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Published September 12 2010

Weather alerts gaining users

In a summer punctuated by thunder and funnel clouds, Mick Pytlik came to question various methods of monitoring the weather.

Depending on the speed and direction of winds, the West Fargo resident can’t always hear sirens in his Eagle Run home. The weather warning app he bought for his iPad and iPod failed him when a thunderstorm knocked out electricity – and his Internet connection.

So when Pytlik found out he could get phone alerts of impending weather danger, he signed up right away.

Thousands of Cass and Clay County residents have subscribed to CodeRED Weather Warning in the days since it became available. Still, officials want more people to take advantage of the automated system of tipping folks off about tornadoes, flash floods and severe thunderstorms. They plan to ratchet up their pitch.

“We hope to get a better response,” said Bryan Green, Clay County emergency management director. “We need more people to sign up.”

Several years ago, local officials acquired the standard Code Red system, which lets them relay urgent messages to residents’ phones. The system came in handy during 2009 flooding, when Moorhead officials used it to summon sandbaggers and announce evacuations.

Area officials decided to add the weather alert feature after some residents this summer complained they didn’t hear middle-of-the-night sirens. Sirens, says Mike Reitan of West Fargo police, are an outdoor alert method.

“With modern construction, it’s nearly impossible to design a system economically and physically that can wake people up in their homes,” Reitan said.

That’s where Code Red comes in: The system places automated phone calls seconds after the National Weather Service releases severe weather alerts. And it narrowly targets residents in the projected path of storms, said David DiGiacomo, the vice president of Florida-based maker Emergency Communication Network.

Once, DiGiacomo bought a weather radio, but with countywide warnings in weather-event-filled Florida summers, it was going off almost every night.

“It was giving me information that didn’t mean anything to me,” he said. “It was like the little boy who cried wolf.”

Hundreds of cities and counties have purchased CodeRED Weather, including Minnesota’s Lake Elmo and Roseau County. West Fargo, Fargo and Cass County are sharing the system’s annual $18,750 cost. Moorhead and Clay County divvy up a $7,000 annual bill.

The weather feature is different from standard Code Red in a couple of ways. It “cuts out the middleman,” as DiGiacomo puts it, automatically sending weather service alerts without human involvement. Also, standard Code Red mines online directories for numbers. The only way to get weather alerts is to sign up.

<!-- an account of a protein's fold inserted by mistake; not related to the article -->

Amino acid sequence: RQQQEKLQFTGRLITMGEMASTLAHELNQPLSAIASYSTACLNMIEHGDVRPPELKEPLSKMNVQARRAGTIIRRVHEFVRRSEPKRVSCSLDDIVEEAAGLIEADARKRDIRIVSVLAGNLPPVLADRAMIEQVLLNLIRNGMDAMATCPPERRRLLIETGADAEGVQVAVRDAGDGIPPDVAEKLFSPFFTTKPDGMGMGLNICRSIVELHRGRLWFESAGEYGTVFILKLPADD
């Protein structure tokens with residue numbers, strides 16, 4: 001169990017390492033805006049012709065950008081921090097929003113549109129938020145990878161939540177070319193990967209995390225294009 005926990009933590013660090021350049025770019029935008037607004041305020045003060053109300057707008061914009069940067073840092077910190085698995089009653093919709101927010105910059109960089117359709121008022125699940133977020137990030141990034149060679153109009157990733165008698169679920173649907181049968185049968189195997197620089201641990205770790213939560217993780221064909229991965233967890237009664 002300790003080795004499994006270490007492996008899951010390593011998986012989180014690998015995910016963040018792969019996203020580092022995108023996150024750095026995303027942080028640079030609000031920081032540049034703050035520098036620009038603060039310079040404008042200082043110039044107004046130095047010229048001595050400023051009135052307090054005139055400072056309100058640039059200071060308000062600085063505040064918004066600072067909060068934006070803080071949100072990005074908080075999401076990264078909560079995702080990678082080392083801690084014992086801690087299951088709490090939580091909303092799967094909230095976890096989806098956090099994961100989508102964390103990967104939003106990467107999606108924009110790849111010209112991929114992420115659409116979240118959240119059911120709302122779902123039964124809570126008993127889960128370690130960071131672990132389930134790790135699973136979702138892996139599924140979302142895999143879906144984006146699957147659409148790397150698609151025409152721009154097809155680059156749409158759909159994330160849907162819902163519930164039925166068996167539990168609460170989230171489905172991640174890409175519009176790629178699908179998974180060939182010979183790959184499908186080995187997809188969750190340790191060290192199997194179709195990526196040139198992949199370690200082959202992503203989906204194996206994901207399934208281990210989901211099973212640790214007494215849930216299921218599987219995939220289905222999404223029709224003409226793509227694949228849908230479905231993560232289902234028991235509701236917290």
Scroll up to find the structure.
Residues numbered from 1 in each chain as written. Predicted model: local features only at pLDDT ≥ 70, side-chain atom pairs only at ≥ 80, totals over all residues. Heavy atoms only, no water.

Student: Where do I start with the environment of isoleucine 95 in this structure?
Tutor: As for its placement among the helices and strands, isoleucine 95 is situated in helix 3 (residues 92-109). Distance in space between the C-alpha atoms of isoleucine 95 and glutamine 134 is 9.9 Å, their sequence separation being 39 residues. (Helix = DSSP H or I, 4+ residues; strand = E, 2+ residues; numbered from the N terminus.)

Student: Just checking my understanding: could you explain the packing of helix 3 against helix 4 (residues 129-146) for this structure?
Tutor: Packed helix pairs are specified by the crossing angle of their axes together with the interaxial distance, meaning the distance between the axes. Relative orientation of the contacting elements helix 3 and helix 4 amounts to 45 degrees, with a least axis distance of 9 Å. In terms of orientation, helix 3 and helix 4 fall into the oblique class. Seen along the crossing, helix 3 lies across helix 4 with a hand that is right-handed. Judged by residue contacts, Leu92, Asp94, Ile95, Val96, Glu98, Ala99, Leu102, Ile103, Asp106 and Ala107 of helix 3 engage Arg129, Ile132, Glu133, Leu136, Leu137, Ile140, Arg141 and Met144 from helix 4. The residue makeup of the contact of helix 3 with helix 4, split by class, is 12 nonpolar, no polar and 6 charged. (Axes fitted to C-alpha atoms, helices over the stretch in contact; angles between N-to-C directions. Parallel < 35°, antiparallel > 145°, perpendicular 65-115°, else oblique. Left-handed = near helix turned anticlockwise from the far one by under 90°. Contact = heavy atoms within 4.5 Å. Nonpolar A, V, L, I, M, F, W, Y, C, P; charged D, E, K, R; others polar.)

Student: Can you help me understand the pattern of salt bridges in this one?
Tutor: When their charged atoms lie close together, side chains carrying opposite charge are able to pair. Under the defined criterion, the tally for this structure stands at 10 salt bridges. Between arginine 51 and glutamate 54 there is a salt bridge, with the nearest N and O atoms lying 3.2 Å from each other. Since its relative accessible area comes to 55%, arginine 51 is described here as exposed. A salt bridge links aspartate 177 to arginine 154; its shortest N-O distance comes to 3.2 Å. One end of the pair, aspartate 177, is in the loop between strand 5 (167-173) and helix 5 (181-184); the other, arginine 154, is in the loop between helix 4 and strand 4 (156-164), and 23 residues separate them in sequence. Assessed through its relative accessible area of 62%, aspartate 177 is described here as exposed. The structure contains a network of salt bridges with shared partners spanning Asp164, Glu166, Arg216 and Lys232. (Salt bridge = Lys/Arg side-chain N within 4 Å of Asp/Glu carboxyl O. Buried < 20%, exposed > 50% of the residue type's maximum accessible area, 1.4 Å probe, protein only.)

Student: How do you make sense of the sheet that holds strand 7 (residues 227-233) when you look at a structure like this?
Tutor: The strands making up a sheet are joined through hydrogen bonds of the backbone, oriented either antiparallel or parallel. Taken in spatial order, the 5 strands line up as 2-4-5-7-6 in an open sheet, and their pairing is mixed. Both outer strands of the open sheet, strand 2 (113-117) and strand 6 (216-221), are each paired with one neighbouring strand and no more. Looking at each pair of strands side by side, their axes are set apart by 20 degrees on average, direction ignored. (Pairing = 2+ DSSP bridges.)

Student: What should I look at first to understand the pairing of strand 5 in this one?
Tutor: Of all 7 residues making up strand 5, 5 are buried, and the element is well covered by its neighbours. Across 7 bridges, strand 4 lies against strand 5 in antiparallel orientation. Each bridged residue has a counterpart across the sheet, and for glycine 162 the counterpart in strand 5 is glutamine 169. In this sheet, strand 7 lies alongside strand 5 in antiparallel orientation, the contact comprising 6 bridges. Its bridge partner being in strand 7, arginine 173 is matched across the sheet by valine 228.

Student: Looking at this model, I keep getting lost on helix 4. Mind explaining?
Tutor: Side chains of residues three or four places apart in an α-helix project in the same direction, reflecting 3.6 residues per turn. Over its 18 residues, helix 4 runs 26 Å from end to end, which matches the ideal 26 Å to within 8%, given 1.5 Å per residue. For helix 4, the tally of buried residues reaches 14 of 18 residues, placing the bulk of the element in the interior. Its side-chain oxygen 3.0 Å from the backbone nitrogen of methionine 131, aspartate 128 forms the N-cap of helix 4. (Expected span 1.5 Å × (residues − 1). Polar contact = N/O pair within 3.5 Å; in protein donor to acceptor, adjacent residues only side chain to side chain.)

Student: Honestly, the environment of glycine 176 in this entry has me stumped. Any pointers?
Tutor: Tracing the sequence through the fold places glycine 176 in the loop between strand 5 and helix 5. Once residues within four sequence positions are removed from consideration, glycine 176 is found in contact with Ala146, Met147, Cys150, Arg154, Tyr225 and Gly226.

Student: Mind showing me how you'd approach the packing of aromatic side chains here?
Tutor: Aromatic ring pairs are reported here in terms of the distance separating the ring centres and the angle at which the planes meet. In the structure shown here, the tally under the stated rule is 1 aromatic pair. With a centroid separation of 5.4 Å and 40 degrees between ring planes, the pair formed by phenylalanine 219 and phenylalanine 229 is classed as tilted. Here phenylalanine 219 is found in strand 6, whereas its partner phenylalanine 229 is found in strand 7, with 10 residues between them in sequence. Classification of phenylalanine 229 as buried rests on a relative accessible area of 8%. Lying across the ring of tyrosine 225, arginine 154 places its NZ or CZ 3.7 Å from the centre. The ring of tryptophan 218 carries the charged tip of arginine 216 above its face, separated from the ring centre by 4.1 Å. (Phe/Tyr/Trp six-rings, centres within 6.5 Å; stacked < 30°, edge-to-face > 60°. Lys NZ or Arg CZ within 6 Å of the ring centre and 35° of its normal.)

In Cass County, more than 6,500 people have subscribed in the two weeks since the feature became available. The standard Code Red database there includes more than 57,000 residents.

In Clay County, roughly 2,370 people have signed up since Sept. 1, out of 19,500 in the Code Red database.

“We have a long ways to go,” said Green, the emergency director. “It’s a busy time of year for everybody, but it only takes a few minutes to do it.”

Some residents, such as Gerald Rowell of Moorhead, say they live close enough to a siren that Code Red seems redundant. Jill Schroeder didn’t know it was an option outside Moorhead and on cell phones.

“That would be really handy since I would know what is going on and would be able to prepare for it,” Schroeder said.

Local officials are fielding hundreds of calls from residents about Code Red, on anything from the cost (it’s free) to privacy concerns. (“The company wouldn’t even share those numbers with me,” said Dave Rogness, the Cass County emergency management coordinator.)

Clay County made a call to all residents in the standard Code Red database urging them to sign up for the weather alert feature. Officials are planning another and considering fliers and a local cable TV blurb.

Rogness thinks the feature has made a promising start locally.

“I’m very pleased with that number,” he said of Cass County subscribers. “It’s greater than what I expected in the early days.”

CodeRED Weather Warning allows residents to receive severe weather alerts on their home, work and cell phones. They can also select any or all of three weather events: tornadoes, severe thunderstorms and flash floods. They can check a box to receive a verification call once they are cleared into the system. The alerts are free to subscribers.

How to sign up for CodeRED Weather Warning


Readers can reach Forum reporter Mila Koumpilova at (701) 241-5529